Inscribed with courage and self-knowledge, the narrative of the asylum seeker serves as an example for the process of building psychological resilience in adversity.

Psychotherapists writing about asylum seekers, refugees, and immigrants describe a natural process of assimilation with the present and a nostalgia for a now far-removed identity – satisfying this urge to return may take the simple form of cooking a family recipe, or more complicatedly recreating the environment and culture that you have left behind.

Although this can be problematic, not only because that recreation may never reach an idealised authenticity – becoming but a plaster fantasy mimicking the real – but also because memory, especially for asylum seekers, contains the perverse form of nostalgia – in trauma. This situation may also be even more pronounced for LGBT+ asylum seekers who in the need to remember who they are and were, include a reminiscence of a culture and identity which may deny and threaten them.

Therefore, coping with that nostalgia, and longing to reconnect with an identity that is so ingrained into your being, also entails reconnecting with one that perversely damns you. And additionally, once you achieved refuge, there may be a further destabilisation and erasure of any newly established identity through racism, homophobia, perceived otherness, and Kafkaesque bureaucracy.

So ultimately, what is left for LGBT+ asylum seekers? Are they not now ontologically adrift? Like an aimless dingy in the English Channel. And provocatively, could they be described through Theresa May’s only notable quote as “citizens of nowhere”?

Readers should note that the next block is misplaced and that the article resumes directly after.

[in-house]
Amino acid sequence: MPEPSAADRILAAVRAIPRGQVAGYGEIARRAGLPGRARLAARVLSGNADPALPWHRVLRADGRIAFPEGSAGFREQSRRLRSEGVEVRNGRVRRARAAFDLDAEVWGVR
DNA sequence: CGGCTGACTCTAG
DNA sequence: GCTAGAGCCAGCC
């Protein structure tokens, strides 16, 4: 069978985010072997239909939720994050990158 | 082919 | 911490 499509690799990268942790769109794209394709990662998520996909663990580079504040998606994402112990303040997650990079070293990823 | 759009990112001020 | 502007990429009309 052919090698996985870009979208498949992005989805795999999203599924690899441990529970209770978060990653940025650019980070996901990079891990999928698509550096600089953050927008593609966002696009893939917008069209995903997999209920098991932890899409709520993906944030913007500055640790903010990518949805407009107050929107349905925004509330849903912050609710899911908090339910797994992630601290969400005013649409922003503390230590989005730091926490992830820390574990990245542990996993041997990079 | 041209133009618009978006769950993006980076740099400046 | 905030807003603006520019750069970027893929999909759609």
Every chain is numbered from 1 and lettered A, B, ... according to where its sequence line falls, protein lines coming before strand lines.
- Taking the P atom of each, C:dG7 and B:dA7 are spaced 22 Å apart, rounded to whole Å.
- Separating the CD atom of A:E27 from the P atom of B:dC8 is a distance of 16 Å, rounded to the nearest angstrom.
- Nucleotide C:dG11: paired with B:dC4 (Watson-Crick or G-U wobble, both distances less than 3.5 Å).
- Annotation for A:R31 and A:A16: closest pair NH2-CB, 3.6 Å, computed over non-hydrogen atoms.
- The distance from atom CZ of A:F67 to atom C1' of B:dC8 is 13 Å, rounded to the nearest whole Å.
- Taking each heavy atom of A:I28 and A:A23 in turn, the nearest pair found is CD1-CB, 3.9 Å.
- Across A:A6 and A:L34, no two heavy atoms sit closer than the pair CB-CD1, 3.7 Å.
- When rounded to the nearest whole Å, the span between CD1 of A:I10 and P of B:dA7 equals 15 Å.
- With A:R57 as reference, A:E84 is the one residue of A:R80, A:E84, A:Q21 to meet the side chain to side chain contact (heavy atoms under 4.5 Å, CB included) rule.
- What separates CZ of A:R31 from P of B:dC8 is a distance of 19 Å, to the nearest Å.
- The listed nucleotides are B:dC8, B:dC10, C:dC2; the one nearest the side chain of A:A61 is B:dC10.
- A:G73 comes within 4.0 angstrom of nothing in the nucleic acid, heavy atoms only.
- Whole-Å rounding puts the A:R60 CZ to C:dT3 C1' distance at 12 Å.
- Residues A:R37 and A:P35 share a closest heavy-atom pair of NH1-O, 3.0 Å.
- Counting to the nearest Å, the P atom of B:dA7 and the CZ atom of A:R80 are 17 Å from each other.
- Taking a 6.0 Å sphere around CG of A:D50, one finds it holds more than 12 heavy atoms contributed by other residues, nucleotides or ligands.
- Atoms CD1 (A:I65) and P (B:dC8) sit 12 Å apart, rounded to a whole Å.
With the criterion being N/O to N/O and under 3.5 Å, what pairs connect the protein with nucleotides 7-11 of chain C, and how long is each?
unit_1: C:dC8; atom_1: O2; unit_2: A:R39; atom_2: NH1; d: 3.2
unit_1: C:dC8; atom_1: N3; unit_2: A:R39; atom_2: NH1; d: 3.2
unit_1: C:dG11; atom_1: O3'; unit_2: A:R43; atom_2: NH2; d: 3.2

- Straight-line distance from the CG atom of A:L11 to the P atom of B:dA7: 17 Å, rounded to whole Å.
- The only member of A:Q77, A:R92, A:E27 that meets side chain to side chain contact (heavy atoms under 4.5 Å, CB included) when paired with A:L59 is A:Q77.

Bittersweet memories and Kafkaesque trials

Dane Buckley, the support services manager at the UK Lesbian & Gay Immigration Group, described the relationship that many LGBT+ asylum seekers have with the past as “bittersweet”. Because while their memories, like everyone else, includes the good, the bad, and the ugly – their positive memories often become intertwined with experiences of rejection from their family, and more expansively their culture.

He explained: “[Nostalgia] it's such a double-edged sword because, for some of our service users, home is the memories, [of] their loved ones. But home is also the loved ones who have shunned them and made them leave or have tried to hurt them in some cases. And so, it's a real bittersweet memory; it's almost as if you can't remember the good without the bad.”

“And there's no real comfort for that kind of nostalgic pain… I had someone in this women's support group, crying her eyes out for a song her mother taught her when she was young. But now her mother does not speak to her, and she's in another country, and you can't clean up that memory to make it better in any which way.”

Repairing or alleviating that emotional baggage is no easy feat, and Dane’s organisation seeks to support LGBT+ asylum seekers both legally and emotionally. But while an LGBT+ asylum seeker may have a complicated and routinely traumatic relationship with their past identity, when they finally arrive in a place of sanctuary, they are further told by authorities that they are not who they say they are – and the erasure of their identity continues as well as their journey to prove themselves.

As Dane commented: “The Home Office takes the stance that people aren’t telling the truth. So, you have to give evidence to prove that you are gay. They come here and are told they are not real.”

The Home Office has purposely created a culture that starves candidate asylum seekers of money and the means to make a home; they have to live off the crumb of £36 per week approx. And therefore, are forced to live in substandard shared accommodation which means they are often sharing a room with another asylum seeker, who may be culturally homophobic and consequentially will put them back in the closet or in some circumstances be violent towards them.